- Less is More
Some people think that the more stuff we have, the better our quality of life. But if you really think about the time, energy and money it takes to accumulate and maintain all the unused items in your closet, you will easily see that having too much actually takes away from your quality of life. A sense of peace and clarity comes with simplifying.
If you identify with this idea, you are likely a minimalist and would do better with a “living better with less” philosophy. Even if you are in a current pattern of over-consumption — filling an already over-full closet with more and more stuff — you can still break free and begin implementing a simple system of living with less. It’s not just about being organized; it’s a new way of seeing your relationship to things.
Move from consuming unconsciously to consciously; only bring things into your home that are necessary or are a very occasional splurge. And give yourself a simple plan for paring down. Here are some strategies. Pick one and give it a try:
- Begin your closet clean out with a goal: find 12 items to throw away, 12 items to donate, and 12 items to be returned to their proper home – be it to its original owner or to its proper storage place somewhere else in your home. You want your closet to function as a closet and not as some sort of storage limbo.
- For every item that comes into your home, something else should go out. Bought a new dress? Great, then make sure you’re getting rid of an item before putting your new dress away. It doesn’t necessarily have to be another dress that goes. It can be any item. Sticking to this policy is a great way to maintain a minimal closet.
- Or simply set your mind to this “baby step” task: choose to get rid of one item every day for a month.
- The Joy Principal
The Joy Principal says being organized doesn’t have to be about denying yourself, or getting rid of things that you love.
This newest philosophy in organizing comes from Marie Kondo and it’s all about JOY. Typical methods for organizing will get you to de-clutter your space by deciding if you’ve used a certain item recently or whether you will use it soon. This leaves you scratching your head and stressing over each item. The Kondo method asks you to answer just one simple question about any given item: Does it bring you joy? If you answer yes, you keep the item. If you hesitate or say no, you donate it or throw it out. It’s that simple.
Unlike de-cluttering in the past where you would spend a lot of time stressing over the money spent on an unworn item or justifying how something might be worn later, fit you better later, the question of whether or not something brings you joy is an emotional and intuitive one and can be answered almost instantly.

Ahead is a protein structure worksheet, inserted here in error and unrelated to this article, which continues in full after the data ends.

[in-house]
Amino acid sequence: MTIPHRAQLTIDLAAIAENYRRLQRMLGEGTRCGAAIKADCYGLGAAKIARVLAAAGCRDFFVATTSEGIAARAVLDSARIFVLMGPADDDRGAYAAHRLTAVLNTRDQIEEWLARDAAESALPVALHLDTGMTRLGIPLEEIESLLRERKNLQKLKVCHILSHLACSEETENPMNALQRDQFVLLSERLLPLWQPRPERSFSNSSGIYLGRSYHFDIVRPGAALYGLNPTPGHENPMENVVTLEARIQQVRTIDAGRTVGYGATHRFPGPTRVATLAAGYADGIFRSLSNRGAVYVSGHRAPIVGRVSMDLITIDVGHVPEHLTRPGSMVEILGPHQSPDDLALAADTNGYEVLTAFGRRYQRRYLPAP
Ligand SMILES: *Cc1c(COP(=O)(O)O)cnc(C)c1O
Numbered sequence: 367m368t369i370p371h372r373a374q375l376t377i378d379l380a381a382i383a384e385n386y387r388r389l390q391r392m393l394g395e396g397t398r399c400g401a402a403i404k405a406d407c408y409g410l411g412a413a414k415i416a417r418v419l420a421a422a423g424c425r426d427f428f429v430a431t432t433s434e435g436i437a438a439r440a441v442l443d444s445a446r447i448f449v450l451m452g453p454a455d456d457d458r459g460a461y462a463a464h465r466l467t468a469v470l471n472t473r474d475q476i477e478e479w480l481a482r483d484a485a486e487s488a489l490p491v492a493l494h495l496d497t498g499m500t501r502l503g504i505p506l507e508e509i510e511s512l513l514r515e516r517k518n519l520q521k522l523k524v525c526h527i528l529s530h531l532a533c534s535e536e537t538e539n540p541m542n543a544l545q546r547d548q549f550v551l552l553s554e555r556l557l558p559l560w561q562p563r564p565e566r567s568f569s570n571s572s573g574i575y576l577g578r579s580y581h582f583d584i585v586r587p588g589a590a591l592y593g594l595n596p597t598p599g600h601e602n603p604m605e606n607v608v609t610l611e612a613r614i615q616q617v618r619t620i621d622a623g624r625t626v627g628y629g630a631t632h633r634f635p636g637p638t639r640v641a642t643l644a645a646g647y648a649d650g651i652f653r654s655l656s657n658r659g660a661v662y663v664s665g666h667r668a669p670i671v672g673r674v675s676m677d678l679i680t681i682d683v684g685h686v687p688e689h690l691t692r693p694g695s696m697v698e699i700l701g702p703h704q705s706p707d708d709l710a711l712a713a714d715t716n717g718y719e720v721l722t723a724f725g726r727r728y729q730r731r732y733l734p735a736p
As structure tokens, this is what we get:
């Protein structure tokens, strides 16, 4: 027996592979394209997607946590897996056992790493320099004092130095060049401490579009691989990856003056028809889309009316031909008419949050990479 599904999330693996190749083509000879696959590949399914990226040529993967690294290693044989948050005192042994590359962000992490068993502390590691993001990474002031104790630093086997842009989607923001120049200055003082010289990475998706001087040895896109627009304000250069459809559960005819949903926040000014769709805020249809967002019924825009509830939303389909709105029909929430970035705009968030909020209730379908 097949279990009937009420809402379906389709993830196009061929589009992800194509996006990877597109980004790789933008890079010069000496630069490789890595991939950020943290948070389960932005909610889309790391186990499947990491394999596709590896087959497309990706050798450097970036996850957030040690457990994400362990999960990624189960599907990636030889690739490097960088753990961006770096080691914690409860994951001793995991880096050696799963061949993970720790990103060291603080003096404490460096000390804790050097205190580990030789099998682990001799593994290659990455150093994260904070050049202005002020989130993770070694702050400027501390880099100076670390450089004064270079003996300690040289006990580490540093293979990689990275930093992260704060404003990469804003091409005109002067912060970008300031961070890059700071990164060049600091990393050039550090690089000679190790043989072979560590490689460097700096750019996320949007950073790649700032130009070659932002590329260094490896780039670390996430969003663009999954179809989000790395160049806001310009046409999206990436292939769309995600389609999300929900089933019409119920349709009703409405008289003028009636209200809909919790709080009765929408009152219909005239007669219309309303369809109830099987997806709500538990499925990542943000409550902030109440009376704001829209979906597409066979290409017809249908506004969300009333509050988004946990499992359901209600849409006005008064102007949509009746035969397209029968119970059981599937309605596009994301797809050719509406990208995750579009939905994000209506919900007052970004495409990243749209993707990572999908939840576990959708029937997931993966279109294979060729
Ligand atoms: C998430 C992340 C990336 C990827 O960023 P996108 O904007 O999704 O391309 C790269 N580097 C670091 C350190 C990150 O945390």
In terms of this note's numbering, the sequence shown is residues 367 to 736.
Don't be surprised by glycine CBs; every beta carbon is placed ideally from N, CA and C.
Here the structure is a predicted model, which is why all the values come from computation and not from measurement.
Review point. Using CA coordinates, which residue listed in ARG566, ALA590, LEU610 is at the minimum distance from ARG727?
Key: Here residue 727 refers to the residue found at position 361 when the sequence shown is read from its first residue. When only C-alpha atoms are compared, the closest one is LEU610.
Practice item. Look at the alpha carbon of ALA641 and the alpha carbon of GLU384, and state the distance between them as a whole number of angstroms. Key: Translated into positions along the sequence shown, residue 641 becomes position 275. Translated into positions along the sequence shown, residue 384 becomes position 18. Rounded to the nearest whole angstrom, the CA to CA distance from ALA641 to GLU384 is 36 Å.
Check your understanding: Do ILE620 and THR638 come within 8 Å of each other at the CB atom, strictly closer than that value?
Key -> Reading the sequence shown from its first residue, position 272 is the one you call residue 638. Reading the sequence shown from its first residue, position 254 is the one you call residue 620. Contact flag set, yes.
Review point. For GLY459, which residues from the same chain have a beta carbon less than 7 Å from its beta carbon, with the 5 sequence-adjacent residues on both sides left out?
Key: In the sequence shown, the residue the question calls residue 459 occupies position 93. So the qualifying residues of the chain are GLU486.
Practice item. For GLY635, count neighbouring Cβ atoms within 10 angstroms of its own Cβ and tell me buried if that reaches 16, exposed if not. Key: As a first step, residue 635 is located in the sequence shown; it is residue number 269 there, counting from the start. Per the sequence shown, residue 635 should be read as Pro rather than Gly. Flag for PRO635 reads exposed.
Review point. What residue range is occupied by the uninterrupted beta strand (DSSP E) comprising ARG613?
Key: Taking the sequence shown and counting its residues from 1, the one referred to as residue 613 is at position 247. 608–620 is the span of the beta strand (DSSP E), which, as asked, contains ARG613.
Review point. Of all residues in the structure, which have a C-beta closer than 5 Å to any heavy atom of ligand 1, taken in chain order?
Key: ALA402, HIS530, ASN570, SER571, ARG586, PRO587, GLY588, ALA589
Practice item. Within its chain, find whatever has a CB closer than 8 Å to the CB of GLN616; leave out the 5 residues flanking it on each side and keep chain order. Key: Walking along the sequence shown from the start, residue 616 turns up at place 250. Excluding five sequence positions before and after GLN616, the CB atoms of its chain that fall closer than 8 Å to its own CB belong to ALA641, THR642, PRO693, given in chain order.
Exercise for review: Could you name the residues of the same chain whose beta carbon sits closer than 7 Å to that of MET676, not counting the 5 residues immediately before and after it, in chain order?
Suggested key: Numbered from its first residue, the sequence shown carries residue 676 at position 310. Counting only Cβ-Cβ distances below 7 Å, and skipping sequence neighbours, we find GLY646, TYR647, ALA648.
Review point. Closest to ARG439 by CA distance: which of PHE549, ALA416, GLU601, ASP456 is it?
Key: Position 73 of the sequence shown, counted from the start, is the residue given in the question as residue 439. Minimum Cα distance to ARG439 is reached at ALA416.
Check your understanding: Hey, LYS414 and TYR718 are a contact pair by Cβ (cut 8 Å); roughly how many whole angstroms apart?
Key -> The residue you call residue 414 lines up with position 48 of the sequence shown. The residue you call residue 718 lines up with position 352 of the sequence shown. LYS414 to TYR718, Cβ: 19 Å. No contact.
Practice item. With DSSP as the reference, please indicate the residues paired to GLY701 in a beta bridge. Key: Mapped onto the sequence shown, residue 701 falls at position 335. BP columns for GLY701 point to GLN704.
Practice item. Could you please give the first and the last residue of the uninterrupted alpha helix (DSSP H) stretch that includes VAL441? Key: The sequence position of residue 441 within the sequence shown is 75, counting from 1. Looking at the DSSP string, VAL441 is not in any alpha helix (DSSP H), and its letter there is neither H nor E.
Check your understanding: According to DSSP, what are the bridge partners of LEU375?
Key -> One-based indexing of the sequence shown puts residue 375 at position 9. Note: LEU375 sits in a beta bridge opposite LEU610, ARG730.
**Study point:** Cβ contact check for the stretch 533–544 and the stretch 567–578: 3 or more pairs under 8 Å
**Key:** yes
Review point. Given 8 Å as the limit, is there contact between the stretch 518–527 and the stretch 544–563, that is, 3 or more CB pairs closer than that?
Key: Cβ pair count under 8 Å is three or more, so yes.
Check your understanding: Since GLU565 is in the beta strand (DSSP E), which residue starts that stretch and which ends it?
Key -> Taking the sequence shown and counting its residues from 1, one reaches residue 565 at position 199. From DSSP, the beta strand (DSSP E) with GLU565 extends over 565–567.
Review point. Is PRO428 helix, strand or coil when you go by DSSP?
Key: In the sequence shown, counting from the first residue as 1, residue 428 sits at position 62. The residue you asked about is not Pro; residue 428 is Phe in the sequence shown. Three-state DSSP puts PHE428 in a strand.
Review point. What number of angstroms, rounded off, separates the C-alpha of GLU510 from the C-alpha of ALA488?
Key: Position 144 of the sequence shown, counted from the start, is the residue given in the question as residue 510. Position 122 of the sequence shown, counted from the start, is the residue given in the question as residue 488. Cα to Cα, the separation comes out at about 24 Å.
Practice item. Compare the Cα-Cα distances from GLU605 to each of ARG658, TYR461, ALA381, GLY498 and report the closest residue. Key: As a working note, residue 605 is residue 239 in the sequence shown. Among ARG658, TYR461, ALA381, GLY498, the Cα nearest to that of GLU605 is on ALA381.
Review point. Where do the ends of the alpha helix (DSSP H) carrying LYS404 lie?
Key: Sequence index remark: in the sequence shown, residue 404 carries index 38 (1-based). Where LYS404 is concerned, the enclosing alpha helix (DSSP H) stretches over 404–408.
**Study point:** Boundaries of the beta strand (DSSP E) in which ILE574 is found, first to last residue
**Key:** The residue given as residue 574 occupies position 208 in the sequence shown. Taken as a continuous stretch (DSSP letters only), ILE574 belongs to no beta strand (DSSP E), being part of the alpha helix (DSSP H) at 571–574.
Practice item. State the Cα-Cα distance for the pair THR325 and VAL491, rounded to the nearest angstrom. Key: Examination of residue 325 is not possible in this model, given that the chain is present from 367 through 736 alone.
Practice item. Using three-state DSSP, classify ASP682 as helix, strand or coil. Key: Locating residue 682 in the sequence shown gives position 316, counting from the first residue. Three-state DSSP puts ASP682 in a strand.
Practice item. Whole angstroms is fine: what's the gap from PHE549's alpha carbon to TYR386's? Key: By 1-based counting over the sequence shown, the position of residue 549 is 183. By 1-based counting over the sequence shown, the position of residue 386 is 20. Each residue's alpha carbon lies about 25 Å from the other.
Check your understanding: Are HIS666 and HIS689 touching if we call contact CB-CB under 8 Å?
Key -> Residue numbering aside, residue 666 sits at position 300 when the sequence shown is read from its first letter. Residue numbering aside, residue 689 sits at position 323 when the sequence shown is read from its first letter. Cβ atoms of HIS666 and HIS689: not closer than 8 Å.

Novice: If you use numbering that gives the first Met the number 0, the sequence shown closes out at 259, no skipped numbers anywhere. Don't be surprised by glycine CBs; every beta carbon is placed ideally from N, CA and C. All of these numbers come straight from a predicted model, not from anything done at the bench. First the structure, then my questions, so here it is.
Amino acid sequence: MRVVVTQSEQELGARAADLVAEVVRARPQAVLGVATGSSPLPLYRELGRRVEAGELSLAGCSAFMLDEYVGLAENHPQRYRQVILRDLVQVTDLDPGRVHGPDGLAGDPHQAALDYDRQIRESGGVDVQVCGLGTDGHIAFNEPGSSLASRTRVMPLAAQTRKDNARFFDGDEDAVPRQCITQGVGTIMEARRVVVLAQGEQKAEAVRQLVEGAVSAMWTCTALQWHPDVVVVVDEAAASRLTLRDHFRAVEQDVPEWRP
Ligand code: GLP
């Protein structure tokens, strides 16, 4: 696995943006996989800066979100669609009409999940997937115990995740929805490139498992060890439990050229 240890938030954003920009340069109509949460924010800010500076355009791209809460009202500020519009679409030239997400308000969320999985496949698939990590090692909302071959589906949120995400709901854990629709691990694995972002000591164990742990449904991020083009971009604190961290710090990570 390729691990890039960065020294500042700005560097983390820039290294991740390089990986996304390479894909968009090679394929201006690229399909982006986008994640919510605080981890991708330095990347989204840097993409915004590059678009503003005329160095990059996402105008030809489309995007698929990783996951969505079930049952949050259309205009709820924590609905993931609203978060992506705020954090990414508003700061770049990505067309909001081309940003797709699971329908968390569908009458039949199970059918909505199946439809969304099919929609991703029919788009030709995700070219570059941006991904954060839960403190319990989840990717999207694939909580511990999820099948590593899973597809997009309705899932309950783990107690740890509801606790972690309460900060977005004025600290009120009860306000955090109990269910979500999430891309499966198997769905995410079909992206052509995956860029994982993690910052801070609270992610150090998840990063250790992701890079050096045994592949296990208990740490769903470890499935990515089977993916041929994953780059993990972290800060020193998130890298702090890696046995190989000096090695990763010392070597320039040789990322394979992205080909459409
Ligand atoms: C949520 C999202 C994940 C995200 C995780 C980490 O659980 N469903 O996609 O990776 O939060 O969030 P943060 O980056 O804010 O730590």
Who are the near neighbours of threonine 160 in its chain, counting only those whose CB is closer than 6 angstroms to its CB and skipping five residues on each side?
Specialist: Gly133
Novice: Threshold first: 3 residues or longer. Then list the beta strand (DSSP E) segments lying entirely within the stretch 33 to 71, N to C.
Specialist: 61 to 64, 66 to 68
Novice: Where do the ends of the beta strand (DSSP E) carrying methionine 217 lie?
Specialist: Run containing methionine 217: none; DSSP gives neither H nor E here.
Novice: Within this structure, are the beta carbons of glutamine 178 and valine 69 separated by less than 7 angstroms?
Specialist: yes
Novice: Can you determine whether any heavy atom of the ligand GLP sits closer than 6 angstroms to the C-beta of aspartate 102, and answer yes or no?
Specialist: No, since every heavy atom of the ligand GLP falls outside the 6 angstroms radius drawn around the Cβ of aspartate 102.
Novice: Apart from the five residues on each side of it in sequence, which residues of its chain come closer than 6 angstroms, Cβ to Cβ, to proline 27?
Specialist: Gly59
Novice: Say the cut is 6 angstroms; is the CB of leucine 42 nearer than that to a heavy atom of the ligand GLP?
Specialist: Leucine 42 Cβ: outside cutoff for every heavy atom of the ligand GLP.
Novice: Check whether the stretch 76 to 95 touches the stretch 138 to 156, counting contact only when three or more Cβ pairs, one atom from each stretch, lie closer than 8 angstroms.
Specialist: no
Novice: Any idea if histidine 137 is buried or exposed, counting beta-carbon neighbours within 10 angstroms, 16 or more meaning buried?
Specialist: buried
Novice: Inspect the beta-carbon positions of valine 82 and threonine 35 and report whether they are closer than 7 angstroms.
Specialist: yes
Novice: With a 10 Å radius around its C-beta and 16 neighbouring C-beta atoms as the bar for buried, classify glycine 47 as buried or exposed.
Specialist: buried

To begin, take all of your clothes and put them in one big pile. Then pick up an item and ask yourself one simple question: Does this bring me joy? If you instantly jump to yes! The item is a keeper. If you hesitate, there might be something else at play. Watch out for shopper’s guilt reminding you how much you paid for something or telling you that you should be wearing it more often. These questions are irrelevant when you are only asking about joy.
Once you’ve master this skill in the closet, extend the practice to your other life-choices.
- Everything In Its Place
Putting your things away is much harder when you don’t know where to put them. You have to reinvent the wheel with every single cleaning. It’s even harder to find items again when they don’t have a consistent home; they really could be anywhere!
Start your organization from the ground up; begin by creating or designating spots for everything. Pick up an item and ask yourself: where would I look for this item if I needed it. That place is its new designated home. When the answer is I don’t know, create one!
Instead of boots jumbled at the bottom of your closet, put them on a hanging boot rack. A series of coat hooks on the back of your closet door is where all your scarves hang. A ceramic catch-all inside your top drawer will house your ring collection.
With the Everything In Its Place philosophy, designating a specific spot for each of your things will help you get and stay organized. What a joy it will be to have your belongings right where you can find them.
- Habit is King
Lasting change often requires new behaviors. Determine the behaviors that get in the way of your goals and replace them with helpful ones. Are you always struggling to find your key? Install a hook or catch-all basket right inside the door. Link the behavior on coming through the door with the behavior of depositing your keys. By linking behaviors we create new habits.
Schedule time to stay organized. Allot just ten or fifteen minutes every day to organizing. Sort the mail right away, hang your jacket as it comes off. Transforming these small daily efforts into habits will keep clutter at bay and prevent those overwhelming overhauls that take up half your weekend.